VII. Grades and Grading Policies


There shall be anonymous grading of all examinations (in-class, take-home, or self-scheduled examinations). Anonymous grading is not required for evaluations such as grades for papers and student performances where knowledge of the student is inevitable and desirable.


The grading system is comprised of the following grades: A+ (4.3), A (4.), A- (3.7), B+ (3.3), B (3.0), B- (2.7), C+ (2.3), C (2.0), C- (1.7), D (1.0), F (0).

  1. The required median and required grading distribution for J.D. students will only apply to the J.D. students enrolled in the course and will not be affected by the LL.M. students enrolled.

  2. Grades in all upper-level, non-clinical courses with enrollment of 25 or more J.D. students shall have a required median of B+ (3.3) and shall be subject to the following required distribution:

    Instructors are encouraged, but not required, to give roughly the same number of, respectively, A, A-, B+, and B grades.

    A+

    As described in Paragraph VII.E

    A, A-

    33%-39%

    B+, B

    41%-45%

    B- or below

    14%-18%

  3. In all upper-level, non-clinical courses with enrollment of 16 to 24 J.D. students, no more than 50% of the students may receive grades of A+, A, or A- (combined), and no more than 50% of the students may receive grades of B- or below (combined).

  4. In all upper-level classes with enrollment of five to 15 J.D. students, and for all non-advanced clinic courses, the following restrictions shall apply:

    1. a) For classes with an even number of students, no more than 50% of the students may receive grades of A+ or A (combined), and no more than 50% of the students may receive grades of B- or below (combined).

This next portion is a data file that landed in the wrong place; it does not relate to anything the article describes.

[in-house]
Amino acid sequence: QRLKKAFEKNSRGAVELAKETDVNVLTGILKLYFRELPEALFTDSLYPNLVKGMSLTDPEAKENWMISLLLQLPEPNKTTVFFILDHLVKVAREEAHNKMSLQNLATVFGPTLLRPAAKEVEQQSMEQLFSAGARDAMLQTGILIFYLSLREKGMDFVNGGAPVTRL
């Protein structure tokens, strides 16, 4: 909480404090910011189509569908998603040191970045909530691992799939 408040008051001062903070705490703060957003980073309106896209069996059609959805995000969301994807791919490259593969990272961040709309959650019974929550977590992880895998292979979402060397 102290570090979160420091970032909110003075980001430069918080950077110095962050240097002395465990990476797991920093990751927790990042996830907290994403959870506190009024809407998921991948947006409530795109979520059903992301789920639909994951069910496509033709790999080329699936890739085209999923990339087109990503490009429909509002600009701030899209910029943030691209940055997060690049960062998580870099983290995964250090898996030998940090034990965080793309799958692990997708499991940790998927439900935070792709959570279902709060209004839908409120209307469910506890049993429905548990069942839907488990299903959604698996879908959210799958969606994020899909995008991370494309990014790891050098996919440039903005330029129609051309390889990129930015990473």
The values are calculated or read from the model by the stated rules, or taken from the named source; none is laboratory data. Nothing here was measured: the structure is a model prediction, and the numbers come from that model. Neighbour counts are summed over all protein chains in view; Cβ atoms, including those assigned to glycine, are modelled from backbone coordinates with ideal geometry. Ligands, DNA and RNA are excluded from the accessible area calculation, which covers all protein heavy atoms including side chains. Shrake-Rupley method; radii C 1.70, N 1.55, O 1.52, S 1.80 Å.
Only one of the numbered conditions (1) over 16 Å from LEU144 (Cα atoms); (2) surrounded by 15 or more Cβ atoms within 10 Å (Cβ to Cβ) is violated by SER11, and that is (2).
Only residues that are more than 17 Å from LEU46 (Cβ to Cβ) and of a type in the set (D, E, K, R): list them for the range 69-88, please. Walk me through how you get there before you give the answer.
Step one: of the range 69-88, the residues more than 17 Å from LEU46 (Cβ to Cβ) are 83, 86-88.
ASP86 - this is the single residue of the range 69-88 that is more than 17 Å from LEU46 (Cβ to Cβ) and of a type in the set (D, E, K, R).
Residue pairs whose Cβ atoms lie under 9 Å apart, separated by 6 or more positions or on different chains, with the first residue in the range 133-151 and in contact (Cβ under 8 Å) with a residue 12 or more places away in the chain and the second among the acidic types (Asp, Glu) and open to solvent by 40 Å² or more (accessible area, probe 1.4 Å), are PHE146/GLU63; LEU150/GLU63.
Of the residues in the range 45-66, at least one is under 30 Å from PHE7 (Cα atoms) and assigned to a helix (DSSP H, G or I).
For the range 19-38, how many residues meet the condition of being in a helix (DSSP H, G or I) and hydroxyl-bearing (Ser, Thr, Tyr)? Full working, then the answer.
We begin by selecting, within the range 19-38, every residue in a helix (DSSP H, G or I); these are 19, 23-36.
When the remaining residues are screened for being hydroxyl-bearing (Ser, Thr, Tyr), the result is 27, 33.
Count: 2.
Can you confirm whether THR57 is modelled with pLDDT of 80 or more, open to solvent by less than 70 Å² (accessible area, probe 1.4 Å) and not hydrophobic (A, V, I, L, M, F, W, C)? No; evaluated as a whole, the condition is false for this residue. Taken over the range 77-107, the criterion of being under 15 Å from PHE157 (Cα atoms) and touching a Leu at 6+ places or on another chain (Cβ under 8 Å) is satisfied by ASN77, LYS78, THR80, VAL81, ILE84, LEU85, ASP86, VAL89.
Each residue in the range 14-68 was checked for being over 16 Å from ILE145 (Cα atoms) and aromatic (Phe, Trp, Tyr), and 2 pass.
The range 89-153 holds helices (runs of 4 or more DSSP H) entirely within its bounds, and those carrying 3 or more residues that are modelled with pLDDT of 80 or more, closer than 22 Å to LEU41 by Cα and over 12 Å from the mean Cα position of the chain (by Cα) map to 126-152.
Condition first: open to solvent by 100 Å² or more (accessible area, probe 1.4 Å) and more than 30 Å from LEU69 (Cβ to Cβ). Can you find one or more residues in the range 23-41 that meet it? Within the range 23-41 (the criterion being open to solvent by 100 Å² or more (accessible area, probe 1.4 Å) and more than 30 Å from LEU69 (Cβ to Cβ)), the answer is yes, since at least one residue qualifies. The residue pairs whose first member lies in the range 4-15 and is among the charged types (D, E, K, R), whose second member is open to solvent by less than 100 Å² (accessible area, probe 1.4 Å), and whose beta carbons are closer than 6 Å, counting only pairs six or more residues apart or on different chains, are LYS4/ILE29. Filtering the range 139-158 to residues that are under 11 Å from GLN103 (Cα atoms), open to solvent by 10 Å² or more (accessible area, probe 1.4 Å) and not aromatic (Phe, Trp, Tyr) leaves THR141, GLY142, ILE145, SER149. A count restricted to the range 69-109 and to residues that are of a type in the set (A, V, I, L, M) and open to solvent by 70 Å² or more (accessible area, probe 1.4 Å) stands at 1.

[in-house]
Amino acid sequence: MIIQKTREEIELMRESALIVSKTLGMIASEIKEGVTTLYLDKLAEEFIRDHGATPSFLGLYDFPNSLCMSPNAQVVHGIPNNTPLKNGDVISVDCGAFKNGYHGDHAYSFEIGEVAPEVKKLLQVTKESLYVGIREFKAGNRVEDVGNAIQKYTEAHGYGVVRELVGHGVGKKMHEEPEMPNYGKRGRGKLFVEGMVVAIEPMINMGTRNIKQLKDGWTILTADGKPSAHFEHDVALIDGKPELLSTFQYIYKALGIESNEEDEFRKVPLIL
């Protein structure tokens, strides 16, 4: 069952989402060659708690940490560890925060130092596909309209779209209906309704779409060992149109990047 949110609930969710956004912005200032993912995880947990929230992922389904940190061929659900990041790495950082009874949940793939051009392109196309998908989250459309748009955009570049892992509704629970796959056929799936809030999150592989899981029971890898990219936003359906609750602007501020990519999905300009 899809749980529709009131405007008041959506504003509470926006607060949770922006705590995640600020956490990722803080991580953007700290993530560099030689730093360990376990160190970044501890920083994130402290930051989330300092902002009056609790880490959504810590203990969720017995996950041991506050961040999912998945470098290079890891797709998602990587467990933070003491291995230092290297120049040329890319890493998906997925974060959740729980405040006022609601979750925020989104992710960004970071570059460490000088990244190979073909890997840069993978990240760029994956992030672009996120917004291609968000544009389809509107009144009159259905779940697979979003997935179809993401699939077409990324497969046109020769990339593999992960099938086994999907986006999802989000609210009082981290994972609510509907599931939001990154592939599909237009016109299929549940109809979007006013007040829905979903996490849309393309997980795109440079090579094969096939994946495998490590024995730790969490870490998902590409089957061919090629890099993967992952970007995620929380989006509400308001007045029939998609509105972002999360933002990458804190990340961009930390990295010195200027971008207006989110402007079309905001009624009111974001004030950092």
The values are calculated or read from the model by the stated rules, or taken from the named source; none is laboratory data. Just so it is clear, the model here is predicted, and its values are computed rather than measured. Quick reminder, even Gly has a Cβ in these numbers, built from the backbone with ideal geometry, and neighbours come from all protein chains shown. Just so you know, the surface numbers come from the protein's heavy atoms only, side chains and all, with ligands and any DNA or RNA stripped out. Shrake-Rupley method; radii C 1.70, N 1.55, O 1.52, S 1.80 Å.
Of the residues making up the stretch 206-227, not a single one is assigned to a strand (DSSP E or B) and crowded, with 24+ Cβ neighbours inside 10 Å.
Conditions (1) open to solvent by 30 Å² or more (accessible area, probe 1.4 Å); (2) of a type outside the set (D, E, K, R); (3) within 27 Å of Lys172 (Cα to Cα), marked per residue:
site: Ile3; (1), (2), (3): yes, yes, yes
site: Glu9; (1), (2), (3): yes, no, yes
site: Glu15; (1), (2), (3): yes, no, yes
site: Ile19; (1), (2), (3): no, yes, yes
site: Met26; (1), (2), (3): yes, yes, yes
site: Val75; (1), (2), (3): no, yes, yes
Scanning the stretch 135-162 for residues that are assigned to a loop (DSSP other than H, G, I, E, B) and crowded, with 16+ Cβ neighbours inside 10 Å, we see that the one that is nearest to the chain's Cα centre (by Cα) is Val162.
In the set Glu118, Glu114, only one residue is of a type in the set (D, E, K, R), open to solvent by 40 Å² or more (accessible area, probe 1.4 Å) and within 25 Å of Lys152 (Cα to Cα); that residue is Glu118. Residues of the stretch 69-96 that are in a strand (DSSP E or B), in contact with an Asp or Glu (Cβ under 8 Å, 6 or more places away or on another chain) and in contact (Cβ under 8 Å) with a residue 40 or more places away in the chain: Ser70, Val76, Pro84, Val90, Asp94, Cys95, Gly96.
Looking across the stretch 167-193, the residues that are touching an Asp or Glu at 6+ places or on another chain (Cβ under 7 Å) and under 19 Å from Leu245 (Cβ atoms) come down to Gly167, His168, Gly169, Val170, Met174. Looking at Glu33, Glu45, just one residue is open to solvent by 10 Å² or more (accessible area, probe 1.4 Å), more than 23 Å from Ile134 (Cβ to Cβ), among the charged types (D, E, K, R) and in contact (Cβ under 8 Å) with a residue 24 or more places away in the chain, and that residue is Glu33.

2. b) For classes with an odd number of students, the course median shall be between A- (3.7) and B (3.0), inclusive.

  5. all directed research classes, advanced clinics, and all upper-level classes with enrollments of four or fewer students shall be subject to no required median or grade distribution.


Grades in all first year courses, including Lawyering Skills, shall have a required median of B+ (3.3) and shall be subject to the following required distribution:

Legal Research Practicum shall be offered on a Credit/No Credit basis

A+

As described in Paragraph VII.E

A

19%-23%

A-

19%-23%

B+

19%-23%

B

19%-23%

B- or below

14%-18%

For Academic Year 2020-2021, all first-year courses shall be subject to the following grading distribution:

A+

As described in Paragraph VII.E

A

19%-23%

A-

19%-23%

B+

19%-23%

B or below

33%-41%

In all upper-level classes, including clinics, and all first-year classes there shall be a required number of A+ grades equal to the following:

Number of Students

Faculty shall give at least the following number of A+ grades

Faculty shall give at most the following number of A+ grades

1-20

0

1

21-40

1

2

41-60

2

3

61-80

3

4

81-100

4

5

101-120

5

6

121-140

6

7


Any requests for exceptions to any of the requirements in Section VII.C-F shall be made directly to the Senior Associate Dean for Academic Affairs or Vice Dean. There is a strong presumption against such requests being granted.


Participation points may be awarded by instructors, but they must be handled in a manner that does not compromise anonymous grading.
  1. First-Year, Year-Long Courses that Award a Final Grade at the End of the First Semester

    Students must earn a passing grade for the first semester as a pre-requisite for enrollment in the second semester.

  2. All Other First-Year Year-Long Courses

    Students will receive one final grade for the entire course at the end of a year. In year-long courses with one final grade, students shall receive a grade of “In Progress” (“IP”) for the fall semester. The fall IP grade will be replaced by the grade awarded in the spring semester for the entire course. IP grades shall comply with the required median and grade distribution listed in VII. D, except that IP grades need not conform to the required distribution for the grade of A+.

    1. a) Faculty may issue letters for year-long courses after grades post to transcripts indicating the student’s level of performance at the mid-course point. The instructor will notify the Law School Registrar of the intent to issue letters on or before grades are posted; the letters will be generated by the Law School Registrar or the faculty member. In-progress letters will be available until final grades for the course are posted to transcripts at the end of the academic year.